ABT has, in recent memory, danced Les Patineurs, Les Rendezvous, Birthday Offering, and Symphonic Variation (the latter was particularly well danced, and well-liked, but went away very quickly).

The Symphony in C I saw Thursday night was in much better shape than when the company was in D.C. As a matter of fact, both programs showed a different ABT than the one I've been watching at the Kennedy Center for the past six or seven years. Much more disciplined -- no wrist flicking, no overgrinning, no turning the second movement of Symphony in C into Swan Lake Act II(a). It was a very clean, very joyous performance. Done in a different accent than it would be across the plaza, but I want a world of many accents.

Vladimir Malakov danced the first movement (with Paloma Herrera, surely one of the strangest pairings imaginable). I haven't seen him in several years and have never seen him in a pure dance role. I thought it was the most sophisticated male dancing I've seen in years -- sophisticated because it was clean, every step given full measure, no overdancing, and his movements are polished.

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Yes, we are all VERY concerned about the amount of Ashton works which are currently in the rep, as I'm sure you know! But I shan't turn this into another "new director" debate...;)

I managed to see The Dream three times in its short run here last season (it was paired with Song of the Earth and also featured in a mixed bill of pas de deux etc) and I loved it. I saw Carlos Acosta dance it with Sarah Wildor and they were great, although I much preferred Johan Kobborg in the role as I felt it was more "him". The person I thought came closest to dancing like Sir Anthony was Hubert Essakow, who was, I think, third cast with Alina Cojocaru! He was very calm and precise, a very pretty dancer who we don't see much of these days. (Haven't seen him for months actually - perhaps he is injured. He is still on the company list!) But I think he only got one performance so he wouldn't have had time to develop himself in the role really.

The main reason for me writing this is that I'm sure I have a piece of video somewhere of Sir Anthony coaching Carlos as Oberon - I'm not sure how the guardianship of a ballet works but I thought it would mean at least that if the owner/guardian didn't coach, they had to be happy with the finished production - so did Sir Anthony coach everyone there?

I must say after seeing Angel Corella and Ethan Stiefel here I can't imagine what they would be like as Oberon... I'd love to see them though. It is such a unique role that I bet there are a lot of disappointments (like the woman who missed Carlos' fireworks - she should have gone to see him in Don Q instead;) ) but as well there must be a lot of nice surprises when someone unexpected dances it really well.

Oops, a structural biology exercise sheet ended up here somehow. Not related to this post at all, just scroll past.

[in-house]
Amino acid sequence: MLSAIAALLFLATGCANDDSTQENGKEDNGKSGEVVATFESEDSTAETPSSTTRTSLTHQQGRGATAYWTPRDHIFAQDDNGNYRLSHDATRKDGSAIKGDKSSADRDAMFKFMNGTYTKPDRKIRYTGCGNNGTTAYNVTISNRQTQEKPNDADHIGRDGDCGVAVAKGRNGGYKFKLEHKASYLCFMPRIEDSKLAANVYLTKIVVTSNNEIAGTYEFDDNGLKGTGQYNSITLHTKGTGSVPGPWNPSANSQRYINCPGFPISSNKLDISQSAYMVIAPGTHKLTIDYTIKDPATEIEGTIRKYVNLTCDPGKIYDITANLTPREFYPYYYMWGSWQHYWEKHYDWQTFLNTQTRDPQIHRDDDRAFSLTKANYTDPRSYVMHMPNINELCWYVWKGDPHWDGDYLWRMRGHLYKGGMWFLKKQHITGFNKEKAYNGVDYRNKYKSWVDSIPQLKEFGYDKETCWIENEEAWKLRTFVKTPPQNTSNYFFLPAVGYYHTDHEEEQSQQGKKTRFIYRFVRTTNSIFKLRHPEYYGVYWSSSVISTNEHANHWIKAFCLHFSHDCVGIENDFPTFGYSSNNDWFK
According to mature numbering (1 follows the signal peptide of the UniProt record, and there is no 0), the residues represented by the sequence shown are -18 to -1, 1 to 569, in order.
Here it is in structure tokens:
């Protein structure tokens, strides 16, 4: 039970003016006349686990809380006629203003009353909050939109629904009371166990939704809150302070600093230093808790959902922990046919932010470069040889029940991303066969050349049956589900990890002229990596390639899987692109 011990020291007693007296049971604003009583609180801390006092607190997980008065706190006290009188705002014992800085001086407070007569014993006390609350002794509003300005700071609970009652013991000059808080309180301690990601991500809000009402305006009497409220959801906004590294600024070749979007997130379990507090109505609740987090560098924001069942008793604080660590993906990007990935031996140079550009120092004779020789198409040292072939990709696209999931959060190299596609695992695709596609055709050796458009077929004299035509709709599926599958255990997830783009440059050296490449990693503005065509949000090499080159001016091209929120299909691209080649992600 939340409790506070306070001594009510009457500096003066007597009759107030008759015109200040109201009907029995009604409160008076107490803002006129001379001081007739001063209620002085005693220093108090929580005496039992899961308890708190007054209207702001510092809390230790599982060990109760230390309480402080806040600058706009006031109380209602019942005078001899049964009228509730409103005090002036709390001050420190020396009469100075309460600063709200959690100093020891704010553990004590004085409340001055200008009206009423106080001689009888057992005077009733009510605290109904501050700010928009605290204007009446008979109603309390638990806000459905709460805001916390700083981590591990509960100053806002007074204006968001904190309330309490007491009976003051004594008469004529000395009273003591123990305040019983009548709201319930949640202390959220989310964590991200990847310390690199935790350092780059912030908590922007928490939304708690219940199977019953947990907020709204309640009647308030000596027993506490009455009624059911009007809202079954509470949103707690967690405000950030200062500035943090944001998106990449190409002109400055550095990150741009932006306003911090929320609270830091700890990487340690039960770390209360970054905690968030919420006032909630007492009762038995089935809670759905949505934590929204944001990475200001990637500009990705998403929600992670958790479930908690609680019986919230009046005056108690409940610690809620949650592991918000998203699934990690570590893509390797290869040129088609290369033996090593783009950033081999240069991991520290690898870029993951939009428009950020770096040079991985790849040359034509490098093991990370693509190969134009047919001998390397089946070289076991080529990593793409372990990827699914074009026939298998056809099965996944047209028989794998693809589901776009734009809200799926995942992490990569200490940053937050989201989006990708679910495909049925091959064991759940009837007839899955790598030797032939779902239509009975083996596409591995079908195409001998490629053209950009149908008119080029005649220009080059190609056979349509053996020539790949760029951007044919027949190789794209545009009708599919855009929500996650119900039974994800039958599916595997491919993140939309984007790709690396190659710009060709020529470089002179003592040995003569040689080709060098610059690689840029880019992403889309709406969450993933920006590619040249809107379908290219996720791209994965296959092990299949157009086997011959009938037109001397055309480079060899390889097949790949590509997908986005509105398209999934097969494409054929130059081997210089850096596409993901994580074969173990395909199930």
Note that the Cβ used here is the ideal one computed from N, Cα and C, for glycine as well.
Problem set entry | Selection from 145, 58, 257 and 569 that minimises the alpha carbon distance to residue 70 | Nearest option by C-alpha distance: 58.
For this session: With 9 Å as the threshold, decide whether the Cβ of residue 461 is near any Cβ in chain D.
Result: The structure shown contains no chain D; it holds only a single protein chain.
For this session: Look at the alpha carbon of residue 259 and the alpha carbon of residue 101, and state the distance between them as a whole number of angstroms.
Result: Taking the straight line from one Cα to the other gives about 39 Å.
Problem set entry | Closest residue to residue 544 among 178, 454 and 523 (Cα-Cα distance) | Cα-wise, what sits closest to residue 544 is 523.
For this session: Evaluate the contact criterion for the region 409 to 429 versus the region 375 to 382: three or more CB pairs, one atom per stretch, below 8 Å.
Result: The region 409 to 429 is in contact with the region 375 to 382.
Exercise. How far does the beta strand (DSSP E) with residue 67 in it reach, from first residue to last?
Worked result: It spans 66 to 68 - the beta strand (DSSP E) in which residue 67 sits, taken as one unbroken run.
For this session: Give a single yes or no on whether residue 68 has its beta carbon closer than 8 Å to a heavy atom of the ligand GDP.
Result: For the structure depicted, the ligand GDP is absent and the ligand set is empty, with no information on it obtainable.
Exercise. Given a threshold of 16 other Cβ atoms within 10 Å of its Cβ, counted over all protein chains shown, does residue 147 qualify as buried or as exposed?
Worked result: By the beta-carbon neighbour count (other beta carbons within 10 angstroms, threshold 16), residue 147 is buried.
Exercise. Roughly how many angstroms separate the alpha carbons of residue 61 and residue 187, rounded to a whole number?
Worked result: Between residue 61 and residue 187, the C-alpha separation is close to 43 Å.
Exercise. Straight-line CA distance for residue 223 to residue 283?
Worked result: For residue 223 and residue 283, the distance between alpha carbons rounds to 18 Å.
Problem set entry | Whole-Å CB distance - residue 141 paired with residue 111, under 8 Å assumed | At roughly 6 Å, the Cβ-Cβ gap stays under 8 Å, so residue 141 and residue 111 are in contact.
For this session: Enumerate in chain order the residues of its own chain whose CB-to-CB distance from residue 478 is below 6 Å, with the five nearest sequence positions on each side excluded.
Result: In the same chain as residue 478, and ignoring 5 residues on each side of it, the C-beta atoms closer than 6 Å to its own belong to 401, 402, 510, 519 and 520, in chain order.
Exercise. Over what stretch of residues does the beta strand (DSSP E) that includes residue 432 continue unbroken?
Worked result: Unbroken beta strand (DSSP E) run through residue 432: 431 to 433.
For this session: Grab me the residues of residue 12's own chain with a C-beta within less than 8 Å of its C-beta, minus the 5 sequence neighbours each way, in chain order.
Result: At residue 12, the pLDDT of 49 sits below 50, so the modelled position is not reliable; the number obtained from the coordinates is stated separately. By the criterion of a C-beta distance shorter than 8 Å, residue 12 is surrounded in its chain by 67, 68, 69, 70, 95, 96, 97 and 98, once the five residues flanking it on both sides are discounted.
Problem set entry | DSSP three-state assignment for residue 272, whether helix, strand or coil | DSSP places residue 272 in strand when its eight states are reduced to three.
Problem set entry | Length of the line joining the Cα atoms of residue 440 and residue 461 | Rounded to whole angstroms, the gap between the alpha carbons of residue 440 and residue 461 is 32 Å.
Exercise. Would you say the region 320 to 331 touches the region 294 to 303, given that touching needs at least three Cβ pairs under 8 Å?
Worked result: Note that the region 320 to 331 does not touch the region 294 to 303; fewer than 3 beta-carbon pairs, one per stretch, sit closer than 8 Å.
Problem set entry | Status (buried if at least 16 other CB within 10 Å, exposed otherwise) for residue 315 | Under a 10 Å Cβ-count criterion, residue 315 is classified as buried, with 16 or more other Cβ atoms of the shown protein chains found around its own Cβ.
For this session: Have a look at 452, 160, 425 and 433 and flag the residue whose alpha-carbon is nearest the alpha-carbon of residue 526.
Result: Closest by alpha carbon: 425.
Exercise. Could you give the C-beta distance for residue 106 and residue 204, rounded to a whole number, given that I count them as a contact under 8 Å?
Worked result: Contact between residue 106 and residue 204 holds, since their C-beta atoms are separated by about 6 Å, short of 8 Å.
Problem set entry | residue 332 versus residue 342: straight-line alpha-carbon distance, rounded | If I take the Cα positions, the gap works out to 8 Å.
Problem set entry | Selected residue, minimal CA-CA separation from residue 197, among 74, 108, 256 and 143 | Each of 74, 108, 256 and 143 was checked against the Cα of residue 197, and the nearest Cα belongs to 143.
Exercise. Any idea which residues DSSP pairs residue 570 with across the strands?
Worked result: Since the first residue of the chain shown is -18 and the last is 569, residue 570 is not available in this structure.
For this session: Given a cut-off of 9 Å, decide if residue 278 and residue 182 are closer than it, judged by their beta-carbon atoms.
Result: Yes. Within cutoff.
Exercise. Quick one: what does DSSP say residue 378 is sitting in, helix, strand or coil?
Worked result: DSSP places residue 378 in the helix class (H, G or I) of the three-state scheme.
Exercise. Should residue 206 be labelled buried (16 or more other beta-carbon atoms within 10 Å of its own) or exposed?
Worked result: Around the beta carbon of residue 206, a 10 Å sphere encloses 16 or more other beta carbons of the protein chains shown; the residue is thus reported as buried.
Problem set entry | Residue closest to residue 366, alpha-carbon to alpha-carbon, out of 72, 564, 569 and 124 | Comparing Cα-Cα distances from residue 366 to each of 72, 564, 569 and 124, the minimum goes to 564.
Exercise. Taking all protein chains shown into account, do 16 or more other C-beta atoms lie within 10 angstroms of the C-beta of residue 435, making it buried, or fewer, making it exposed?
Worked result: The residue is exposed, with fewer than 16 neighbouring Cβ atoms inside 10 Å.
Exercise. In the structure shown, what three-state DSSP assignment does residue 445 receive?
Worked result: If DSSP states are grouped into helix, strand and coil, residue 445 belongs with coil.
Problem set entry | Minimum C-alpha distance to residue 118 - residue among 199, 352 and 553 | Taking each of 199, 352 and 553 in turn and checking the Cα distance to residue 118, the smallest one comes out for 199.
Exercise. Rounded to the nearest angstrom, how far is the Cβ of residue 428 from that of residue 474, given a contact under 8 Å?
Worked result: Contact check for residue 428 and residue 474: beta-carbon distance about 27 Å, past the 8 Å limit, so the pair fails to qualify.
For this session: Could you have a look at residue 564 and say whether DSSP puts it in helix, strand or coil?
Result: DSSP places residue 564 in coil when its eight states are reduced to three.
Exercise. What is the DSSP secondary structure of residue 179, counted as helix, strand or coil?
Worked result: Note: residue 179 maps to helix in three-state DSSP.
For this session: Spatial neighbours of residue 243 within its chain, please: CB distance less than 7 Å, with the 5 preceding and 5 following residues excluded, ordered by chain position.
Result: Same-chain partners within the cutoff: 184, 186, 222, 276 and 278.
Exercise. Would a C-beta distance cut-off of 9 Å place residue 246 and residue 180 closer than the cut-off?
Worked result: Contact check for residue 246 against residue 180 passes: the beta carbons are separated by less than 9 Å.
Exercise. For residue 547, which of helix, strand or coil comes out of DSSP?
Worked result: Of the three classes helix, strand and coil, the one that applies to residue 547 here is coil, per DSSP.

I hope you all enjoy it though - you must have got our share of Ashton this season! If anyone is dithering about whether to go and see it, please, go for me!:(

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I saw the same cast last night as Alexandra has commented on and agree with her analysis. I was very favorably impressed with Flavio Salazar as Bottom. His mime scene after he returns to human form was detailed and hence, touching.

Symphony in C is played at a much slower tempo than NYCB uses and that is both good and bad. In the second movement with Kent and Gomes, the slower tempo robbed her of any chance to make the adagio one long skein of movement in the way Kistler and others do at NYCB. And since Kent, and mostly everyone else in the cast, are "very steppy" in the way they perform this work, the movement lacked magic.

Stiefel danced brillantly but inappropriately in the third movement. He was determined to show off the height of his jumps and inserted double saute de basques, thereby overshadowing his partner Gillian Murphy. She danced well if somewhat icily - although it was hard to blame her for her lack of warmth under the circumstances.

Wiles and Ricardo Torres led the fourth movement. Here the slower tempo was a boon, allowing Wiles to cleanly and joyously execute that difficult pirouette combination. I was most impressed with her and thought she had the best understanding of the dynamics of the piece.

On a general note, both Dream and Bizet call for very strong pointe work and I frequently did not see fully stretched feet. In Bizet, some of the women have a much looser fifth position in releve than one sees at NYCB. Additionally, both in Onegin and last night, the women's pointe work is very noisy. Perhaps it is true that the design of the State Theatre muffles the foot falls but I generally sit much closer to the stage at the State Theater and rarely hear as much of a racket as the fairies made last night.